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6/15. Relationship of uptake of technetium-99m(Sn)-N-pyridoxyl-5-methyltryptophan by hepatocellular carcinoma to prognosis.

    The relationship of technetium-99m(Sn)-N-pyridoxyl-5-methyltryptophan (99mTc-PMT) uptake by hepatic tumors to survival was studied in 162 cases of hepatocellular carcinoma (HCC). The median survival of 82 patients in whom hepatic tumors showed increased uptake in delayed 99mTc-PMT imaging was 1013 days, which was significantly longer than the survival time of 398.5 days of 80 patients in whom hepatic tumors did not show increased uptake of radioactivity (p less than 0.002). The relationship between the ability of hepatic tumors to take up 99mTc-PMT and survival was also analyzed in patients with HCC showing filling defects in 99mTc-colloid liver images and, in relation to the therapy, serum values of bilirubin and alpha-fetoprotein. Results indicated that the degree of 99mTc-PMT uptake by hepatic tumors is closely correlated with the prognosis of patients with HCC.
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keywords = radioactivity
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7/15. Specific diagnosis of hepatocellular carcinoma by delayed hepatobiliary imaging.

    For assessment of the value of delayed hepatobiliary imaging with technetium 99m (99mTc)-(Sn)-N-pyridoxyl-5-methyltryptophan (99mTc-PMT) for specific diagnosis of hepatocellular carcinoma, 88 patients with various malignant and benign liver diseases (49 with hepatocellular carcinoma, 4 with cholangiocellular carcinoma, 10 with metastatic liver carcinoma, 2 with liver cysts, 2 with liver hemangioma, 1 with liver abscess, 2 with intrahepatic lithiasis, 12 with liver cirrhosis, and 6 with chronic hepatitis) were studied. In 20 (41%) of the 49 patients with hepatocellular carcinoma, greater uptake of 99mTc-PMT by the tumor than by the surrounding liver tissue was seen in delayed hepatobiliary images, whereas in eight patients (16%), equilibrated uptake was seen. No increased uptake of the radioisotope by hepatic lesions was seen in 21 patients with localized liver diseases other than hepatoma. Moreover, in 18 patients with diffuse liver diseases, no focal accumulation of the radioisotope was seen in delayed 99mTc-PMT images. In addition, of 28 patients with hepatocellular carcinoma in whom the serum alpha-fetoprotein level showed little or no increase, 12 showed increased uptake of 99mTc-PMT by the tumor. In assessing delayed 99mTc-PMT images, however, it was necessary to consider following complications: accumulation of tracer in obstructed and dilated biliary trees; retention of radioactivity in nonneoplastic liver tissues; difficulties in evaluating 99mTc-PMT uptake by small hepatic tumors; overlapping of radioactivity in the gut and gallbladder in delayed 99mTc-PMT images of tumors. This study indicates that delayed 99mTc-PMT images can be useful in the diagnosis of hepatocellular carcinoma.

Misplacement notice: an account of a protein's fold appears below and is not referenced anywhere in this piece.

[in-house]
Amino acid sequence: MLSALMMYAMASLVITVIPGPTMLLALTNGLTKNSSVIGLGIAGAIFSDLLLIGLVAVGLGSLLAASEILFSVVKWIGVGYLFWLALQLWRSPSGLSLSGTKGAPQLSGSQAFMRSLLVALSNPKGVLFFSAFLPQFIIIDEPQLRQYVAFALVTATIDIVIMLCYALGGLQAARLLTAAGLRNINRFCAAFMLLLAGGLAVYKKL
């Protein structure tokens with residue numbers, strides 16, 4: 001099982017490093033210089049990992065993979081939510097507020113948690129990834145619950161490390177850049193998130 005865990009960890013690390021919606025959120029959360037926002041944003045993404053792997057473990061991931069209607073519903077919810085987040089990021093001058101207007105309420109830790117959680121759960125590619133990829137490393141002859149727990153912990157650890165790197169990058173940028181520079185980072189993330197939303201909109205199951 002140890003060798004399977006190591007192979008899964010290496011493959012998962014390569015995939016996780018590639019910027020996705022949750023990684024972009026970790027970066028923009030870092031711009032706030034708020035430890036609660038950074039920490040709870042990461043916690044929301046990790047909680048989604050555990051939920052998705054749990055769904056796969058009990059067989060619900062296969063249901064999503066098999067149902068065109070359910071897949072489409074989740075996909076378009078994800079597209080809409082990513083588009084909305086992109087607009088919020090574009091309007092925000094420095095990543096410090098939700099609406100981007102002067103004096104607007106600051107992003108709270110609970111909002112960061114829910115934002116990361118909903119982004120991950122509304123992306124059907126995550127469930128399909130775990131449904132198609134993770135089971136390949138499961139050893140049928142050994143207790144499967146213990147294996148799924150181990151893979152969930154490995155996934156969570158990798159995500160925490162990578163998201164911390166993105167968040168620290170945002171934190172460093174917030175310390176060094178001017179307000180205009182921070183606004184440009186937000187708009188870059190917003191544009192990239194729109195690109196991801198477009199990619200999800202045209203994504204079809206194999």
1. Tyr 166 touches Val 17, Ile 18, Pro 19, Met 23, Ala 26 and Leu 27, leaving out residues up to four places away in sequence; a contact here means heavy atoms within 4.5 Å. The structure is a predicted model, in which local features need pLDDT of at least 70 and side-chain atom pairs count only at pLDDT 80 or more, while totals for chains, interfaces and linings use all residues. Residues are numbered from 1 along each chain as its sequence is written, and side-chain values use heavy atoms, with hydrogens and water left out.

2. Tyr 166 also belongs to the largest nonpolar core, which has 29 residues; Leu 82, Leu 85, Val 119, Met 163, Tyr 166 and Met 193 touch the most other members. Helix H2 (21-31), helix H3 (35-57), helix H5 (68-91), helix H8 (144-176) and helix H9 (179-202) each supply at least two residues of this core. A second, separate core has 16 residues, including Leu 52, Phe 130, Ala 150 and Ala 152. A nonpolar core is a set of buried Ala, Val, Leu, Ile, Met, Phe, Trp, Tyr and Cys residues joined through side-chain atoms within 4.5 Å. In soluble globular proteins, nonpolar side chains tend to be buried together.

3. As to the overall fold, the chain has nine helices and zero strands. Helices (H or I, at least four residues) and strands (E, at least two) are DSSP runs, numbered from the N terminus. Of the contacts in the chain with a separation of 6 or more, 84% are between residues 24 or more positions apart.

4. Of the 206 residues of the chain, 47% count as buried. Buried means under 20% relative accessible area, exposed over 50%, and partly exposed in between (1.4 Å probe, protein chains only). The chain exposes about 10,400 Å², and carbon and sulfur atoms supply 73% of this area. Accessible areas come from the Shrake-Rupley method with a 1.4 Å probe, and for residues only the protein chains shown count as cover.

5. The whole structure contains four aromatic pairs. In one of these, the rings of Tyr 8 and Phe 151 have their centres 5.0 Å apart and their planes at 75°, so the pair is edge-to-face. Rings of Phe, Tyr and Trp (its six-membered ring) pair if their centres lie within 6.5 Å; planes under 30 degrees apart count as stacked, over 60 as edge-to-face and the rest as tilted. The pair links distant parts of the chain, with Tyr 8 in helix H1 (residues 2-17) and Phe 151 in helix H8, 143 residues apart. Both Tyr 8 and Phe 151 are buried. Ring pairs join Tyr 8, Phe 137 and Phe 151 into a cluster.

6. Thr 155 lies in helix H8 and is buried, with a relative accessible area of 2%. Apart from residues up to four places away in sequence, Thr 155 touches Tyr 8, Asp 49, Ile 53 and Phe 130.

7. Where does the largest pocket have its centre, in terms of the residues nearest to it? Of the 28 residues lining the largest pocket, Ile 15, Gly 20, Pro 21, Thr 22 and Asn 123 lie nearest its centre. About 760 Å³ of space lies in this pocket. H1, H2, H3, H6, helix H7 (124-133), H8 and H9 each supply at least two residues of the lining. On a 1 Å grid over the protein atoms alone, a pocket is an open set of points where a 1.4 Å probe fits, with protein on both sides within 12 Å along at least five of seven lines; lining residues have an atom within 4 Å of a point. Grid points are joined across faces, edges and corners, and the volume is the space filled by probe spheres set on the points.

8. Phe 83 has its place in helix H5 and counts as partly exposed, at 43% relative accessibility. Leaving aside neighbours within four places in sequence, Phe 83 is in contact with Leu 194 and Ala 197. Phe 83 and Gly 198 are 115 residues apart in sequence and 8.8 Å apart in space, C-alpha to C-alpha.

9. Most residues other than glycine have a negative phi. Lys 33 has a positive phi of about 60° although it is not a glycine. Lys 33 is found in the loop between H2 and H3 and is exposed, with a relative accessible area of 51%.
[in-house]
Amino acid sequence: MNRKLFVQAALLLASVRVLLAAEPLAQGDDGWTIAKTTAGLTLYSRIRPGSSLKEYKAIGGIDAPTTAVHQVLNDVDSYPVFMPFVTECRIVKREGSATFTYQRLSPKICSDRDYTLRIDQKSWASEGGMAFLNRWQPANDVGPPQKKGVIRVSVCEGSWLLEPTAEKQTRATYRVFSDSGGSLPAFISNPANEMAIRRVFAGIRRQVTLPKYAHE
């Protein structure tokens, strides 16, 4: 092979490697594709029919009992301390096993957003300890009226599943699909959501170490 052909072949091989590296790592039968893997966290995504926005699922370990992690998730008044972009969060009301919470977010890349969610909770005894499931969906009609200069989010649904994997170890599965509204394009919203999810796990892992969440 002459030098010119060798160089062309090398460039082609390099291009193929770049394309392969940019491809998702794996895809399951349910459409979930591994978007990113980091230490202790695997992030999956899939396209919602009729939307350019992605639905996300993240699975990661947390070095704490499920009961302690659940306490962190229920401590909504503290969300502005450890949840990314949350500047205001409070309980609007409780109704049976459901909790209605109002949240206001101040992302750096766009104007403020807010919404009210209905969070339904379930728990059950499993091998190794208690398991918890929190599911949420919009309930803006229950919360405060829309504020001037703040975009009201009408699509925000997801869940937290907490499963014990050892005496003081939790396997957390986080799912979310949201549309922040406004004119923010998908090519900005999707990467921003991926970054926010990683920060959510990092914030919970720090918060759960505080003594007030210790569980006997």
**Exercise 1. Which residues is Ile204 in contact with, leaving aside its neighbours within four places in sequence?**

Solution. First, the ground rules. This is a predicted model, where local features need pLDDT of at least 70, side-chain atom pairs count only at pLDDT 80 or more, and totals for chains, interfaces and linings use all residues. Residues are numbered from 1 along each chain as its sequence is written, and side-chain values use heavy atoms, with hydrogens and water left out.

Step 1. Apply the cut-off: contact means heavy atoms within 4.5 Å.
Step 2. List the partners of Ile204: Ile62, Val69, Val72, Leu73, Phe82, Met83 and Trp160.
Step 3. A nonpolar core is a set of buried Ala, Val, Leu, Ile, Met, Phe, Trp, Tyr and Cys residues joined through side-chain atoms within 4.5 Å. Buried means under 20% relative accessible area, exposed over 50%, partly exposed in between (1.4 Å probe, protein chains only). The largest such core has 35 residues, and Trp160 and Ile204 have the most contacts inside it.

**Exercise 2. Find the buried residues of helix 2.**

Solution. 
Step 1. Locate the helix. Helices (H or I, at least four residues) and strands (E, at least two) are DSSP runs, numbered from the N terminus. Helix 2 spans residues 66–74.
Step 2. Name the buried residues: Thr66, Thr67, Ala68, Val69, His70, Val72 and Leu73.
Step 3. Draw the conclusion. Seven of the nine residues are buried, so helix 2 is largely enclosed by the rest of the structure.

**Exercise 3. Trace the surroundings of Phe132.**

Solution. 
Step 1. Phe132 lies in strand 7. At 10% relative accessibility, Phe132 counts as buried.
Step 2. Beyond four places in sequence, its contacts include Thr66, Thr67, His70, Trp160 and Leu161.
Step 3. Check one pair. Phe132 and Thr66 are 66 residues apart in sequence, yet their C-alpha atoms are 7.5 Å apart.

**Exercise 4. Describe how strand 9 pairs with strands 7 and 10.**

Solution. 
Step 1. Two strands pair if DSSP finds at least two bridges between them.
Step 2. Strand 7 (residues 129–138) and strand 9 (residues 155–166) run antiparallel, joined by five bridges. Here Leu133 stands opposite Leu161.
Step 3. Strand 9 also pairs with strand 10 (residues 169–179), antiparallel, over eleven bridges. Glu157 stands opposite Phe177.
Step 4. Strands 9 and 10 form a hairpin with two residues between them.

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keywords = radioactivity
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8/15. Imaging of the hepatocellular carcinoma using dynamic positron emission tomography with nitrogen-13 ammonia.

    Dynamic PET using [13N]ammonia was performed in patients with primary hepatocellular carcinoma (hepatoma). All the tumors started to show remarkable accumulation of radioactivity from a very early period (within 150 sec after the radionuclide injection), whereas the radionuclide was more gradually accumulated in the liver. Central necroses of the tumors were visualized as low radioactivity areas. Daughter nodules of less than 2 cm were also visualized. This dynamic PET study is a valuable technique for the detection of the hepatoma.
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keywords = radioactivity
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9/15. Concentration of 99mTc-Sn-N-pyridoxyl-5-methyltryptophan, a biliary agent, in distant metastases of hepatomas.

    During the last 2 years, eight patients with hepatocellular carcinoma who were suspected of having distant metastases have been studied to determine whether a new biliary agent, 99mTc-Sn-N-pyridoxyl-5-methyltryptophan (99mTc-PMT), is taken up by extrahepatic tumors. In all eight patients, scintigrams showed a clearly increased uptake of 99mTc-PMT radioactivity by the extrahepatic tumors. In contrast, an increased uptake by the tumors of gallium citrate Ga 67 was only detected in four of the seven patients examined. The results obtained in this study suggest that 99mTc-PMT is useful both for characterizing the nature of extrahepatic tumors in patients with hepatoma and for detecting the metastases.
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keywords = radioactivity
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10/15. Evaluation of intrahepatic I-131 ethiodol on a patient with hepatocellular carcinoma. Therapeutic feasibility study.

    This study assesses the therapeutic efficacy of radiolabeled iodized oil on a patient with hepatocellular carcinoma (HCC). An iodized oil, such as Lipiodol or Ethiodol (Savage laboratories, Melville, NY), was retained selectively in the tumor vessels of large tumors as well as in the daughter tumors of HCC for long periods of time following intra-arterial injection into the hepatic artery proper. A small fraction of the stable iodine (1 pg of I-127) of the 37% iodine by weight in Ethiodol was replaced by the I-131 with 100% efficiency. A patient with HCC was injected with I-131 Ethiodol into the hepatic artery. Sequential imaging of organs such as the liver, lung, stomach, and thyroid over an eight-day period demonstrated a high tumor-to-normal-liver ratio and a negligible amount of radioactivity in these organs. These findings indicate that I-131 Ethiodol, or Ethiodol labeled with other pure beta emitters, such as Y-90 or P-32, will be effective delivering a high internal radiation dose to HCC with a small radiation effect to normal tissues. To evaluate its potential as a radiotherapeutic agent for HCC, the kinetics, biodistribution, determination of absolute activity in the tumor following intra-arterial injection of I-131 Ethiodol will be studied in the future. At the same time, an effort will be made to label Ethiodol with Y-90 and P-32.